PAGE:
Written by Aditya Srinivasan
When faced with complicated questions, children offer the simplest responses. It is often endearing to watch a child stumble its way up the complicated ladder of societal expectation by learning more complicated ‘correct’ or ‘guarded’ answers to basic questions as they do so. In several ways, a child’s perspective is refreshing: it has no caveats, no riders, no ‘real world’ perspective necessarily attached to it. It’s an opinion or a statement that’s free. It’s what a child and — perhaps, in a riderless world — we would like to be able to say without having to worry about the actual reality of things. In other words, there is no correct or incorrect in this state of existence.
As ‘responsible’ adults, there is an inert expectation to maintain political correctness. Our envy of children stems from their freedom from the expectation to navigate any such screening of their frolicking. But there is nothing inherently desirable about ‘correctness’ specific to the political sense. It could be seen as a movement against that gradient which makes politicians politically relevant. It discourages flippancy, frankness, unpredictability, offensiveness (in a given context) and aggression. The political is often considered the domain of those who are too correct. If being political was about exposing banal realities, there is the possible argument that the politics of prudence is unhelpful, for it does not produce dispassionate discourse concerning everyday realities.
This, of course, does not mean that political correctness and tact should be confused to be the same. It is possible to make risky statements in a tactful way; the nuanced shades of tact and correctness are open to manipulation and sensitive handling. Manipulating public perception and resources is as essential a part of politics as representing real-world power dynamics may be. When people are shown mirrors of their daily realities, electoral politics is probably doing its job right.
And this is where the phenomenon of Donald Trump crash-landed: an arena filled with machination, show, money and overt power. To political scientists, he may have appeared to lack any commensurable hope, expectation or consistent messaging strategy.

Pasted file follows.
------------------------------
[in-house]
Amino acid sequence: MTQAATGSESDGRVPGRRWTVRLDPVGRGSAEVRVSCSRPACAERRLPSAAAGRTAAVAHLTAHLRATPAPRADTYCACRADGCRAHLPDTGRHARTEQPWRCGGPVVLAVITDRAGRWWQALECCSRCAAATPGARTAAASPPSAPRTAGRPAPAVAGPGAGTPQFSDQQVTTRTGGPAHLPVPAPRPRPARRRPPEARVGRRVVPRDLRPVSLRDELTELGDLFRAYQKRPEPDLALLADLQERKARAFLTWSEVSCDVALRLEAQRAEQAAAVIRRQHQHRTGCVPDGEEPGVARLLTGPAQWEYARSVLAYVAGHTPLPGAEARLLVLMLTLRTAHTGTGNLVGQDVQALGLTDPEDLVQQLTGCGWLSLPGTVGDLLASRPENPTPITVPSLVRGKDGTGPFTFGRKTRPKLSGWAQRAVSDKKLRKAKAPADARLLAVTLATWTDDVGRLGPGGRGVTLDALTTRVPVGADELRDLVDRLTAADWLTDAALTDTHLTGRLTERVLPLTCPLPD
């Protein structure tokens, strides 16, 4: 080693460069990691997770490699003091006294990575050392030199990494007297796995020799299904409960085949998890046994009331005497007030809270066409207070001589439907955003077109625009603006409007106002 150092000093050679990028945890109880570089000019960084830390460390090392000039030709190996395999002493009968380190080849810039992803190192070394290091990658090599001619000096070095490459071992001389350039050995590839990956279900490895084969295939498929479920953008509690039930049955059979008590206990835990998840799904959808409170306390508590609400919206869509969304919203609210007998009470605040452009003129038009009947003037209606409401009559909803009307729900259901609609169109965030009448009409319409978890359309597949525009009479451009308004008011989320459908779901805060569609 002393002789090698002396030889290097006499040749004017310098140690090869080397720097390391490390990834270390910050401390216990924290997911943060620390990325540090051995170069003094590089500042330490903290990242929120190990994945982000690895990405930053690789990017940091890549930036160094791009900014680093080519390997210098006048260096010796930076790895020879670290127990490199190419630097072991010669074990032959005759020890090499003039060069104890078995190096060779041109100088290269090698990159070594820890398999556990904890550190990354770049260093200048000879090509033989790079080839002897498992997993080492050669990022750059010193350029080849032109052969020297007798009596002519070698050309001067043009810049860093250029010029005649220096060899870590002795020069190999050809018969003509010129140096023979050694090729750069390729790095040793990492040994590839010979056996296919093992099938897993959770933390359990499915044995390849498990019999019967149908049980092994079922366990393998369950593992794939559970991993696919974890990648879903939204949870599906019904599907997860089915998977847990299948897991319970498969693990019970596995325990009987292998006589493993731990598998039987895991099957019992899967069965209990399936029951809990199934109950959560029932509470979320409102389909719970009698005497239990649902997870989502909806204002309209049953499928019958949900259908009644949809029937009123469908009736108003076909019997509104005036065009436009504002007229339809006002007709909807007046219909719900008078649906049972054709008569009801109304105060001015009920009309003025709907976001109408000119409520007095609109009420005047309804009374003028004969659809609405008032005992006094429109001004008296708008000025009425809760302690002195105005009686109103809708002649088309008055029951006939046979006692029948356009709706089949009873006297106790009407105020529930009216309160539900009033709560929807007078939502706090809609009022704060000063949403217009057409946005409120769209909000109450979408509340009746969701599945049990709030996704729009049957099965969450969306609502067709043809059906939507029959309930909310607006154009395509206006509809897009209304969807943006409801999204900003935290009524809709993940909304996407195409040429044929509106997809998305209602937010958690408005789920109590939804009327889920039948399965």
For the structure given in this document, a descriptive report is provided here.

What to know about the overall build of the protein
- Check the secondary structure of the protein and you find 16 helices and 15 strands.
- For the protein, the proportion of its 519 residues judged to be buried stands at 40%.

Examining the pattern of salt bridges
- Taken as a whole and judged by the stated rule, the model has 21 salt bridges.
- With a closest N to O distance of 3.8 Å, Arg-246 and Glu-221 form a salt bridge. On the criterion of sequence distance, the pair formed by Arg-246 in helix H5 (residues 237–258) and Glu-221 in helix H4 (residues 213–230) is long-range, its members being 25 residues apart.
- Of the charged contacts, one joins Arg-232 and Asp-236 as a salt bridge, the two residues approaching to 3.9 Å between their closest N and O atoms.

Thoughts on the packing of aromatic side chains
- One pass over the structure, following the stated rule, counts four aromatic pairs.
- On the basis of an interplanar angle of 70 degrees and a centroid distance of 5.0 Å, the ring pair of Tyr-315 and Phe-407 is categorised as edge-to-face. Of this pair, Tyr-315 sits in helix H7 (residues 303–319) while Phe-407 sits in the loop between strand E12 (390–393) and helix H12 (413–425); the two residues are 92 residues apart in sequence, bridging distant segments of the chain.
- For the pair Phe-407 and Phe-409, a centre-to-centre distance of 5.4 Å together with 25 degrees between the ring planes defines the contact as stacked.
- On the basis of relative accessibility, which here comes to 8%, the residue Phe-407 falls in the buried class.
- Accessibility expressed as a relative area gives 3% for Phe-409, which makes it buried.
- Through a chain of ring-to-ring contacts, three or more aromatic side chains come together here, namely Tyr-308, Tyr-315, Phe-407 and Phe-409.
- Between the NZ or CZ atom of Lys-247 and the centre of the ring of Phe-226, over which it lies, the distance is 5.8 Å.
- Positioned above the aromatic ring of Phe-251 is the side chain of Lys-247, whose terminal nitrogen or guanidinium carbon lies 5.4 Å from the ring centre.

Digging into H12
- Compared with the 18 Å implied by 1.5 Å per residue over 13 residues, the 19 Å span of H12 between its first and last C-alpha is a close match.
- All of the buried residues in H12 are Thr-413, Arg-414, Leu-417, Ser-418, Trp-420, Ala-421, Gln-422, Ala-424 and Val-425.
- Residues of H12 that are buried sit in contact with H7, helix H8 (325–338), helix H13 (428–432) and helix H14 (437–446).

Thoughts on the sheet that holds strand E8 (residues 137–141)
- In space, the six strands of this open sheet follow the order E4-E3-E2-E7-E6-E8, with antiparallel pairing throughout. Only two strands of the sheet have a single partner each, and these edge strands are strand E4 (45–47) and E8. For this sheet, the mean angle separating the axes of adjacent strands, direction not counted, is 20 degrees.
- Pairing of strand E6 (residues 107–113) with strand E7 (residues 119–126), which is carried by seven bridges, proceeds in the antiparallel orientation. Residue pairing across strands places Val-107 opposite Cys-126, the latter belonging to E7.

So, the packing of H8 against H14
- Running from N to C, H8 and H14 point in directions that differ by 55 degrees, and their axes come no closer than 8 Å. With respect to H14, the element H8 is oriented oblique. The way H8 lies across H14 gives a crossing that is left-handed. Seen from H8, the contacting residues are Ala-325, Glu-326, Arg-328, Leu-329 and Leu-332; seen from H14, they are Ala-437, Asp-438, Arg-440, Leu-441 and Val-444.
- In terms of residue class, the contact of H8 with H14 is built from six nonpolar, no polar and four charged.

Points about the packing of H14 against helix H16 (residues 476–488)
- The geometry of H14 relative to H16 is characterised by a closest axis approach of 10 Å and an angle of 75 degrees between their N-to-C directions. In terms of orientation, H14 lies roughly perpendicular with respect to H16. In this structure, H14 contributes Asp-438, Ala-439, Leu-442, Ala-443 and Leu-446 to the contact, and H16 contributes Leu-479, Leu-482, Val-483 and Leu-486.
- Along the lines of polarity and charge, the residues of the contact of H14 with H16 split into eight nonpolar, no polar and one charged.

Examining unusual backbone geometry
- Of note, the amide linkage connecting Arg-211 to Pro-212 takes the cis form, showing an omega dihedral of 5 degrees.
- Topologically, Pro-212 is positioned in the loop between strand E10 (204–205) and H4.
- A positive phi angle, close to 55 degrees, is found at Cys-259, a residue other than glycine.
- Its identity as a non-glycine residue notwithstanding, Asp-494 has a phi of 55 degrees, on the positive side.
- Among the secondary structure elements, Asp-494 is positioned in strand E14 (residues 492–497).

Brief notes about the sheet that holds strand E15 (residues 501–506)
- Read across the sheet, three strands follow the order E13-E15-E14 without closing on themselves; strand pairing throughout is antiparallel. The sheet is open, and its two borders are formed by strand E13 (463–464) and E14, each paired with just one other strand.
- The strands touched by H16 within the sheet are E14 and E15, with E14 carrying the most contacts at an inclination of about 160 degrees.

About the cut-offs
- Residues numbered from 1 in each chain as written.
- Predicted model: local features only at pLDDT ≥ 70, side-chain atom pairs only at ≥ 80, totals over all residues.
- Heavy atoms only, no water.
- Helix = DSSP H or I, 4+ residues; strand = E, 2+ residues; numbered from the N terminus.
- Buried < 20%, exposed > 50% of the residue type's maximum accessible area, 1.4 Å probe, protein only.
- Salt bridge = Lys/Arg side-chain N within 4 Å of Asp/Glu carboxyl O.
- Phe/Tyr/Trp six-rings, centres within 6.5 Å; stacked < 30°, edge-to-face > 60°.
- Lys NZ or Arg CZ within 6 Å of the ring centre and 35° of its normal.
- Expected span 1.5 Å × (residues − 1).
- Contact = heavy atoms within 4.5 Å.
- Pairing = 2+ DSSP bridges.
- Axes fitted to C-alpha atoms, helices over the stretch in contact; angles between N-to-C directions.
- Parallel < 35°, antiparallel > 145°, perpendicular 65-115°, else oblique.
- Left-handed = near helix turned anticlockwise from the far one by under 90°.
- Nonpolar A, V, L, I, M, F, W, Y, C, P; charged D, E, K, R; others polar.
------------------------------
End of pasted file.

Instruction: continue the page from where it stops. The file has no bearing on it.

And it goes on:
Trump left no stone unturned in his flippant, rash, acerbic and fiery efforts to bulldoze through what is otherwise a maze of American high politics. He managed to contradict himself consistently, offend almost every political community and made his contest against Hillary exceedingly personal. None of this was ethical. None of this was tactful. Trump, unlike anything America’s rich and powerful career politicians had ever seen, simply saw what he thought was bad and cried wolf about it.
In other words, Donald Trump behaved like a child. And to everyone’s surprise, this worked in his favour. He appealed to perceivable insecurities amongst his voter base in ways very few politicians preceding him had managed to. His general response to these insecurities was not to placate or promise defence but to spark an even greater insecurity to the opposing side. This, of course, is a polished way of Trump’s “my nuclear button is bigger than yours” response to his adversaries. That tweet is amongst many others that epitomize Trump’s blatant, see-sawing responses to any political questions brought to his notice.
What nobody (and, one might argue, Trump himself) did not realise is that the hitherto misjudged American public wanted this. Voters wanted to hear an aggressive response to aggressive questions being asked at the time: “Can America Become Great Again?”. They wanted to hear a dispassionate solution to their perceived injustices: “Want to keep them out for taking your jobs? Let’s build a wall!”
Being blunt and responding feasibly to world problems can go hand in hand. But it is dangerous when someone like Donald Trump in the position he finds himself in. He does give the simplest, most direct responses, but unlike some other populist politicians, they are not necessarily ‘mature’. And it is in his words which reflect a flippant nonage wherein the danger lies.
More than a year into his term, Donald Trump’s legacy requires a political theory of its own to be analysed. The Trump Phenomenon combined a personality muddled in contradictions and instability with a public that reverberates those reactionary qualities. Perhaps a more immediately fruitful question to dissect is how America managed to get itself into such a position in the first place. The answers are not self-exposing, but perhaps Trump’s immaturity coupled with his apparent detachment from classical red-tape politics and its discriminatory overtones made his campaign a fathomable niche for Americans to nestle their future in.